Wellington College is a leading co-educational day and boarding independent school sited in 400 acres of grounds in Berkshire. The College has approximately 1,100 pupils and 150 staff. It partners with its two international schools in China, and is also linked to Wellington Academy in Wiltshire and Eagle House Preparatory School, also in Berkshire.
In 2012, the College identified that a new kitchen was a priority and asked Litmus to assist them with this project. However, there were challenges that needed to be met in the process:
- The new kitchen had to occupy the same footprint and eradicate ageing services infrastructure and high energy costs resulting from legacy designs and plant utilisation; and
- Temporary kitchen facilities would be essential in order that the kitchen project could be completed within a six month time frame. The college had to continue operating a first-class service to its community and external customers whilst the work was undertaken.
Together with the contract catering team Litmus’ first task was to construct a new kitchen to deliver improved efficiency and an enhanced food offering. It needed to:
- Embrace new technology and support school policies with regards the environment;
- Accommodate more hardware in the same space;
- Optimise workflows from delivery and storage through to production and service; and
- Provide for real time cooking and reduce the volume of stored food cooked prior to service.
It was key that Litmus not only ensured that the College got a truly fit-for-purpose, future-proofed facility, but at a competitive price. This was through the selection of an experienced, committed supplier/installer to help the project team deliver the kitchen on budget and on time. Litmus also had to identify the best option for temporary facilities.
Joe Parfitt, the Litmus Partnership, said: “Throughout the design process, we kept at the forefront of environmental benefits as well as ways to enhance the actual day-to-day operations of the kitchen.
“With the design brief and conceptual layouts for the kitchen agreed through consultation with the catering team, we created the detailed equipment layouts, service drawings and equipment specifications. It emerged that there were electrical supply limitations, so we needed to provide a scheme that included a mix of gas and electric-powered cooking appliances, but which minimised energy consumption to stay on-brief.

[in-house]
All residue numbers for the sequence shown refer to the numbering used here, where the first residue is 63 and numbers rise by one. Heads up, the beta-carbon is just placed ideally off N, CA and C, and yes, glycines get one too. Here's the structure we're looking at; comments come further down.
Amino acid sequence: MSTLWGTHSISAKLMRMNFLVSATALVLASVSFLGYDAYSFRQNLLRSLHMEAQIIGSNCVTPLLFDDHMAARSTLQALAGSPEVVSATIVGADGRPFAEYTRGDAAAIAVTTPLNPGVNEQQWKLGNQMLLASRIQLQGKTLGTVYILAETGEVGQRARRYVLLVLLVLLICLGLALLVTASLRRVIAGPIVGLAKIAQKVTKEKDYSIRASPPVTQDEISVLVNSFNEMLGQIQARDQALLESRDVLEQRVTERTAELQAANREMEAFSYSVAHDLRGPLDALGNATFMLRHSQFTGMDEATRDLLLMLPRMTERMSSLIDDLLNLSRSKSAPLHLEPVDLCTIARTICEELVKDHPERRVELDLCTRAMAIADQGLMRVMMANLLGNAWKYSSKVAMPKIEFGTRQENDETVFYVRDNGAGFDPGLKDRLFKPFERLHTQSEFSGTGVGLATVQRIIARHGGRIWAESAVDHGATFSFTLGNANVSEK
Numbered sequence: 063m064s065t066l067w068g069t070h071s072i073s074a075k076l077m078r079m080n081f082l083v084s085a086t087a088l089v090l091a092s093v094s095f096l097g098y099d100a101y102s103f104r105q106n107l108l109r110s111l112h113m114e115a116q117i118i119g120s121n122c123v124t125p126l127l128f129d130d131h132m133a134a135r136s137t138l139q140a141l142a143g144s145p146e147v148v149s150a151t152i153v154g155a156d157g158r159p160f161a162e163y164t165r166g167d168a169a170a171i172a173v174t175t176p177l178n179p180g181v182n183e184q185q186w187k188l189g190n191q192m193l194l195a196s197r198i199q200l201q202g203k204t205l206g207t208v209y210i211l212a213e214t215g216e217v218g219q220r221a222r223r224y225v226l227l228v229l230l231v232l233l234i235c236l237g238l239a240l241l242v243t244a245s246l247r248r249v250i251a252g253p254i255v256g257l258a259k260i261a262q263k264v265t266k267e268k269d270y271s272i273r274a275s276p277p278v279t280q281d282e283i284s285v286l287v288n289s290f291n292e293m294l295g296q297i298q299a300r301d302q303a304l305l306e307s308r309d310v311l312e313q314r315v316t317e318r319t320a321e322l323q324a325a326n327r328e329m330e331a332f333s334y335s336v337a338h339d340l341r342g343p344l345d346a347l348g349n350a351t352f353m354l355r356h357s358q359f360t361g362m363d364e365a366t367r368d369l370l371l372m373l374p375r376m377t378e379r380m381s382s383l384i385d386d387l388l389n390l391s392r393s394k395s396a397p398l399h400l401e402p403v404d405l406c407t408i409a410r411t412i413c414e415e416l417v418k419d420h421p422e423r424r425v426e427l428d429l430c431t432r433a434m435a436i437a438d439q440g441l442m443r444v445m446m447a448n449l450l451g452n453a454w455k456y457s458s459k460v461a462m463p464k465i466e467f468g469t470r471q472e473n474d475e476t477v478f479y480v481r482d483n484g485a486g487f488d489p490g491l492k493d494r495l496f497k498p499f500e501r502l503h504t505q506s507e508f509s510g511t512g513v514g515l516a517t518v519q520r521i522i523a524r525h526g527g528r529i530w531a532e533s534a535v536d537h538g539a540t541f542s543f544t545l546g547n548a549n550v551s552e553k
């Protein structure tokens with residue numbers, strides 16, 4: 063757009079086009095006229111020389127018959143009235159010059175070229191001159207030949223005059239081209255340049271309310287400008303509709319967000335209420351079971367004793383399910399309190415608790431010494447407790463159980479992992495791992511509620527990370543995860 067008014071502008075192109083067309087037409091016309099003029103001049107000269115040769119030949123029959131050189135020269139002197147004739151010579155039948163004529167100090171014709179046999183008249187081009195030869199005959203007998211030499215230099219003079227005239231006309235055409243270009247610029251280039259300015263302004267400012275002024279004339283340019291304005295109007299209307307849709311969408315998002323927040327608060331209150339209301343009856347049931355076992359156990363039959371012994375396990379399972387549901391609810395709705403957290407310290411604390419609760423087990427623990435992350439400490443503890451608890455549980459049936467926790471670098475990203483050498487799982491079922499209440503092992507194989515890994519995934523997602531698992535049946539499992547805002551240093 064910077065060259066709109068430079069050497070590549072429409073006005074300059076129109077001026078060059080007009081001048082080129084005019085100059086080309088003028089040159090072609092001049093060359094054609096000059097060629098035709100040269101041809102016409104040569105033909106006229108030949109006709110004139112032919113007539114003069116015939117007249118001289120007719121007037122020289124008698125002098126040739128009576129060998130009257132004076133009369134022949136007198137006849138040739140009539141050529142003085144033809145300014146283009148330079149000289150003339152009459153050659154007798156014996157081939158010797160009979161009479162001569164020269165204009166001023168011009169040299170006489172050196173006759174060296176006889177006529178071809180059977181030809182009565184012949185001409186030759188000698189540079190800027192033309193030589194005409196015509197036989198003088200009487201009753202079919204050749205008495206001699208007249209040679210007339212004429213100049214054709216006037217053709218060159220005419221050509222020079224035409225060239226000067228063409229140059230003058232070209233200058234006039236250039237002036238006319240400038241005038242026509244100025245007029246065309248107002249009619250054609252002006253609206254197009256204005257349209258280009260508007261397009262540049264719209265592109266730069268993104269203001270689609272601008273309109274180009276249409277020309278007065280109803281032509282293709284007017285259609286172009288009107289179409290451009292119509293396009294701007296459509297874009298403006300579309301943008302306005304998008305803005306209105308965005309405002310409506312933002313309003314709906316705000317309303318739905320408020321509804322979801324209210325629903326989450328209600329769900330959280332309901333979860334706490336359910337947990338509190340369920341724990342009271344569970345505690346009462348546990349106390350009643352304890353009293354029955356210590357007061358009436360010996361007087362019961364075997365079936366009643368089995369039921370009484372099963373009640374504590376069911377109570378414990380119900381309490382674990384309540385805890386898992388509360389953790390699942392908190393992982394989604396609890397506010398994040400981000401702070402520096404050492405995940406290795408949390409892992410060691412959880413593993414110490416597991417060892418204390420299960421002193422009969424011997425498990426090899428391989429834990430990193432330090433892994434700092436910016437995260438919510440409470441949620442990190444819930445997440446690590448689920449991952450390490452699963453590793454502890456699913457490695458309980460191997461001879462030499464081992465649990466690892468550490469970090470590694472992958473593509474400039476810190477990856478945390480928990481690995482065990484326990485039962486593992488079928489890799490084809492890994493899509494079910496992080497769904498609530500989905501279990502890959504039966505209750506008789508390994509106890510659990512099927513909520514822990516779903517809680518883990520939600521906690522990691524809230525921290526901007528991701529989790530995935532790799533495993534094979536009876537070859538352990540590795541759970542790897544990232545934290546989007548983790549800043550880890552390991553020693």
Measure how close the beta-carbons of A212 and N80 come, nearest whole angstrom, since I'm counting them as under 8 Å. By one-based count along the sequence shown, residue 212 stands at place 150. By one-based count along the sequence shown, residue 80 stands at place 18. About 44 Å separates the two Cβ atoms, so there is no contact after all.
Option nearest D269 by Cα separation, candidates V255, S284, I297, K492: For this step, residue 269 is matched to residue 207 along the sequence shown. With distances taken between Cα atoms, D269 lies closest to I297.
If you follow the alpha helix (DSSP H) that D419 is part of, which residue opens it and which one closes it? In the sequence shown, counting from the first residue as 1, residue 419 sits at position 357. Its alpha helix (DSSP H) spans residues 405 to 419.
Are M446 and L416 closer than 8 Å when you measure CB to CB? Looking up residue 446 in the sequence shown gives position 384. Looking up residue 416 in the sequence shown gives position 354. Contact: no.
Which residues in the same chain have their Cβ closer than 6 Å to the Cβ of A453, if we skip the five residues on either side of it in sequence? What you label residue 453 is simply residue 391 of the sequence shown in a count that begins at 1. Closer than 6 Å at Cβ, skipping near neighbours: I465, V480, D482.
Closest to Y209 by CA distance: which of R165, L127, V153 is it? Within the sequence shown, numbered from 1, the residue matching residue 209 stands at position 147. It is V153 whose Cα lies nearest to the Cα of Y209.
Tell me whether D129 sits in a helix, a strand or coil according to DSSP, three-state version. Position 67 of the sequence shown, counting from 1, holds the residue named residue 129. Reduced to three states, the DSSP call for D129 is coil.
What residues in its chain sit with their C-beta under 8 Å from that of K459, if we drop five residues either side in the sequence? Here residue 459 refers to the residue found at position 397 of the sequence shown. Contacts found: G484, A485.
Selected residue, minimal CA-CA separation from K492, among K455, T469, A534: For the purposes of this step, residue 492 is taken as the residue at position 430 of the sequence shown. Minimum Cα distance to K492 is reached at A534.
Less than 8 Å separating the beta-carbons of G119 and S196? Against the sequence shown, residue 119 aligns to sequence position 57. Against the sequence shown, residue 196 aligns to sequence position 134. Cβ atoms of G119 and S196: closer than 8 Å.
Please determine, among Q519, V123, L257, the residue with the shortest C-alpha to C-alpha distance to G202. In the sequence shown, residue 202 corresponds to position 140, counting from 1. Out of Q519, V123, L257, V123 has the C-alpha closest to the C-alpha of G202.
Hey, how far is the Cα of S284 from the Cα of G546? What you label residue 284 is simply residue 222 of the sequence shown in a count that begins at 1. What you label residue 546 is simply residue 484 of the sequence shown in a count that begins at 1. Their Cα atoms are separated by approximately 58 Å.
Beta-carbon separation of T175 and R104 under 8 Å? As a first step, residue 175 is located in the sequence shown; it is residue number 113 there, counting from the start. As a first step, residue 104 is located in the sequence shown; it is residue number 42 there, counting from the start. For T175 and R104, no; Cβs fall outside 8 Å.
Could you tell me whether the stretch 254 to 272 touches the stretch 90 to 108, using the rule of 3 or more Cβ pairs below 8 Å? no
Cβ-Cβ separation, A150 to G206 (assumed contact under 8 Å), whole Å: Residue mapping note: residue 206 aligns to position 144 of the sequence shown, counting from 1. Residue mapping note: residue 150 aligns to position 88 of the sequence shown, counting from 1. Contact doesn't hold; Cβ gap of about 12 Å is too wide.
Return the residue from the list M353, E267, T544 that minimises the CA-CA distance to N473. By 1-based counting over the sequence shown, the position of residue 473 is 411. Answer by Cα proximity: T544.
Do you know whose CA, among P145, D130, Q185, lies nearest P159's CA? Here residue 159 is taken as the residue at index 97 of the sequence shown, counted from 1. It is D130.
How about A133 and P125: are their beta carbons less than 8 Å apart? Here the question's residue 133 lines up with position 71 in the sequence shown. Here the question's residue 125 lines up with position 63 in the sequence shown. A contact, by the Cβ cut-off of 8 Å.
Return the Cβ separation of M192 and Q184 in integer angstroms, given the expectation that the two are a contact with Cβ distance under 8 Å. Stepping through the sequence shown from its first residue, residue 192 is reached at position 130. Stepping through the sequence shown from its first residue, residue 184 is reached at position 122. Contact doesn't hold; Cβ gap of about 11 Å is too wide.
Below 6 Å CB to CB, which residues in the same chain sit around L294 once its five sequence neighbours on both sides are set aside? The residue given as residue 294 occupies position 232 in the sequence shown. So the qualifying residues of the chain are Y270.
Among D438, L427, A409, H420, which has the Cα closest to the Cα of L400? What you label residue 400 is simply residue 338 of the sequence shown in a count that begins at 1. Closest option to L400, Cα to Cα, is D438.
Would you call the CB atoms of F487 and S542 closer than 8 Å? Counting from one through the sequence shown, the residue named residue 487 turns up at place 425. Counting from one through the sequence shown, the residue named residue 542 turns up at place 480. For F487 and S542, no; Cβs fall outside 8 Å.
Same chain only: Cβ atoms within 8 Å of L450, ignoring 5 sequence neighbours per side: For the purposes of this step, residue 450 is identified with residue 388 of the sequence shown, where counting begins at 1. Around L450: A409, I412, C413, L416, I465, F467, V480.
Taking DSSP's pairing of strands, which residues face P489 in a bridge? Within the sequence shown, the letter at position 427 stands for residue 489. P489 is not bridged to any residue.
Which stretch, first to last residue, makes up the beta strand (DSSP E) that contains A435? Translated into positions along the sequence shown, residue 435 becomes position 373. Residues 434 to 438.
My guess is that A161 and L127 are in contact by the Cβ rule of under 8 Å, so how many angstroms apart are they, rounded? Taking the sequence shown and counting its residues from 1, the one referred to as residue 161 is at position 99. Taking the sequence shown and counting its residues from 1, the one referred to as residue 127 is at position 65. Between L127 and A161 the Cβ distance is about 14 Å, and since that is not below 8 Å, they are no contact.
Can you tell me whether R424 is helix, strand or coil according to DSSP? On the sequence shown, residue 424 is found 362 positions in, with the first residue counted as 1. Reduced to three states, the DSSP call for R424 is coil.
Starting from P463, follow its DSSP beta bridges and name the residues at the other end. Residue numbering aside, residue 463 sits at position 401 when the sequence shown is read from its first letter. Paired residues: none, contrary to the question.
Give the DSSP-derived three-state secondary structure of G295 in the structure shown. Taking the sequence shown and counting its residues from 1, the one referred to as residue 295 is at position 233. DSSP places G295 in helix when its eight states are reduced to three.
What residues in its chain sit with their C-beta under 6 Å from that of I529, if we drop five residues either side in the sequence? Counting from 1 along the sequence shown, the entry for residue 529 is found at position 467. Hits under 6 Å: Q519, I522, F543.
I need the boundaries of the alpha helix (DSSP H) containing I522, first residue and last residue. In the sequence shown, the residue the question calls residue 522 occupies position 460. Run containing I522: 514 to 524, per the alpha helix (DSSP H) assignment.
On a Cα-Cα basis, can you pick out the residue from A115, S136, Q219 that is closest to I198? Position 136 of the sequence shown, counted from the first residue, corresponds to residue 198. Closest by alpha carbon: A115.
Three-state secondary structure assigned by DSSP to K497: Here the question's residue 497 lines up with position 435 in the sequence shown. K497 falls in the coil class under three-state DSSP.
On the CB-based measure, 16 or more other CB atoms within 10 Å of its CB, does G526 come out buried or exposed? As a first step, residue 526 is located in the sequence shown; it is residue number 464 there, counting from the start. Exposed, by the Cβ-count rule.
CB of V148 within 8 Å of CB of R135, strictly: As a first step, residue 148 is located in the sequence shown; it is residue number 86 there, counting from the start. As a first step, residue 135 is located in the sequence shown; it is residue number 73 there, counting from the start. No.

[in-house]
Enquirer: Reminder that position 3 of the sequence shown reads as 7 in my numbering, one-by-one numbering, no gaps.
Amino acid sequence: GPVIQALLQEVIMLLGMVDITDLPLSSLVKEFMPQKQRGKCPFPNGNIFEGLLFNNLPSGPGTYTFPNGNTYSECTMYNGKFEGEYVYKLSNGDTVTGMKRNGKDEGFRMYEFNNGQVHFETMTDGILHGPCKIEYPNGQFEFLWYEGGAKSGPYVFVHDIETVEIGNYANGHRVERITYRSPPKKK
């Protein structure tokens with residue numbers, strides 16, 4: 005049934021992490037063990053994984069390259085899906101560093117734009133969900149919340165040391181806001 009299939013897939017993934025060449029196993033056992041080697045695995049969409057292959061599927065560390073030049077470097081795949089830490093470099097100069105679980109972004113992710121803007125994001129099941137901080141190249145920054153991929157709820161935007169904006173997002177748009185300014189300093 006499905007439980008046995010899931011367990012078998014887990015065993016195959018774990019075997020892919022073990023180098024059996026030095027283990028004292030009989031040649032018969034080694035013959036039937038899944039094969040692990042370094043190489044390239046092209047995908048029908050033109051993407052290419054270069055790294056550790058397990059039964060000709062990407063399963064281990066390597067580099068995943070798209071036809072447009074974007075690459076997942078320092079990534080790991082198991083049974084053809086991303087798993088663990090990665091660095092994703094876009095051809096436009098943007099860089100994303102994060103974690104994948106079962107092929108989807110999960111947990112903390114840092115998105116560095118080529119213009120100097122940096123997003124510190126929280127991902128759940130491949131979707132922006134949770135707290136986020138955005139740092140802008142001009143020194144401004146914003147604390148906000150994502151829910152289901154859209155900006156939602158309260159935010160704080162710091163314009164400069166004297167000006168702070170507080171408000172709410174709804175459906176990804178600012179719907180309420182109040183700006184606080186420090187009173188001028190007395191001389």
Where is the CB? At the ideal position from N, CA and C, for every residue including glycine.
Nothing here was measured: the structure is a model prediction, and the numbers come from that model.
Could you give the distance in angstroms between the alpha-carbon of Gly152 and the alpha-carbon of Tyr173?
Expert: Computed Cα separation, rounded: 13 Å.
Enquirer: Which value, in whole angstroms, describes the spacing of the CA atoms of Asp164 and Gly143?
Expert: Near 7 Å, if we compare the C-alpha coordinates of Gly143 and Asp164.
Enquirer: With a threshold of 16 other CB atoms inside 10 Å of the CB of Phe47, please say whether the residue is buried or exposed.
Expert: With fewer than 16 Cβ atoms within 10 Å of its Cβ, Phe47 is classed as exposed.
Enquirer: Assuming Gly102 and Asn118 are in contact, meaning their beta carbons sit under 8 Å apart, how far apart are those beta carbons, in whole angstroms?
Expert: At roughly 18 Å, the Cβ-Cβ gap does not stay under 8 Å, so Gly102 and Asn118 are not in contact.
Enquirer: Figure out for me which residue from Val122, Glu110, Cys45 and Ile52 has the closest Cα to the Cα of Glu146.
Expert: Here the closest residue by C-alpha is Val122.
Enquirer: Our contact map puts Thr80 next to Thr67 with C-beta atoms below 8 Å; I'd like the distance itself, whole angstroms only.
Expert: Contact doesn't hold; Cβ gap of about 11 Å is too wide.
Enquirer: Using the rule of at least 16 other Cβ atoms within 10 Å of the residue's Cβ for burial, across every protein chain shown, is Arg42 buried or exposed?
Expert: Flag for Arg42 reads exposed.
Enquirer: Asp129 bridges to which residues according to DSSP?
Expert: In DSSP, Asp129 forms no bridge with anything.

“We then worked closely with the project management team to specify and procure the hired temporary kitchen facilities and evaluate bids from the equipment supplier and then supported throughout the construction period.
“Given the value and quality specification for the project, it was vital that we conducted detailed snagging of the installation at the conclusion of construction, submitting reports to the project management team identifying any issues that needed resolving. We also collated the Operating & Maintenance Manuals for handover to the College.”
Cutting edge waste management systems were introduced, including the first Rendisk food waste system set up in the UK. The final kitchen scheme reduced energy costs through introducing equipment that required less water, gas and electricity and used modern cooking modes. The kitchen design also increased productivity through modern storage solutions and effective work flows. Specific benefits include:
- A larger, self-contained pastry section, permitting a wider range and improved quality of home-produced puddings;
- The kitchen has direct access onto the servery counters, speeding up replenishment of food service points and re-connecting the production team with customer-facing service for greater theatre;
- A new dish wash system maximises tray drop capacity, improving the end-of-meal experience for students and staff;
- New ventilation allows greater control over ambient temperatures;
- Pressurised Bratt pans allow both fast and slow cooking of large food volumes but with considerably less energy used than conventional cookers;
- Electrical induction cookers and flame-regulated ranges only switch on when pans are on the stoves, minimising unnecessary steam and heat generation;
- Cooker ventilation only functions when linked cooking equipment is in use;
An innovative food waste removal system which dehydrates waste and “sucks” the residual deposits from wash-up spaces into basement bins, vastly reducing volumes of waste and minimising unpleasant manual handling.
“This was an exciting project to be a part of and saw some quite incredible design achievements made with regards the green credentials. There was also a training kitchen for staff and students created to support the development of culinary skills throughout the College.”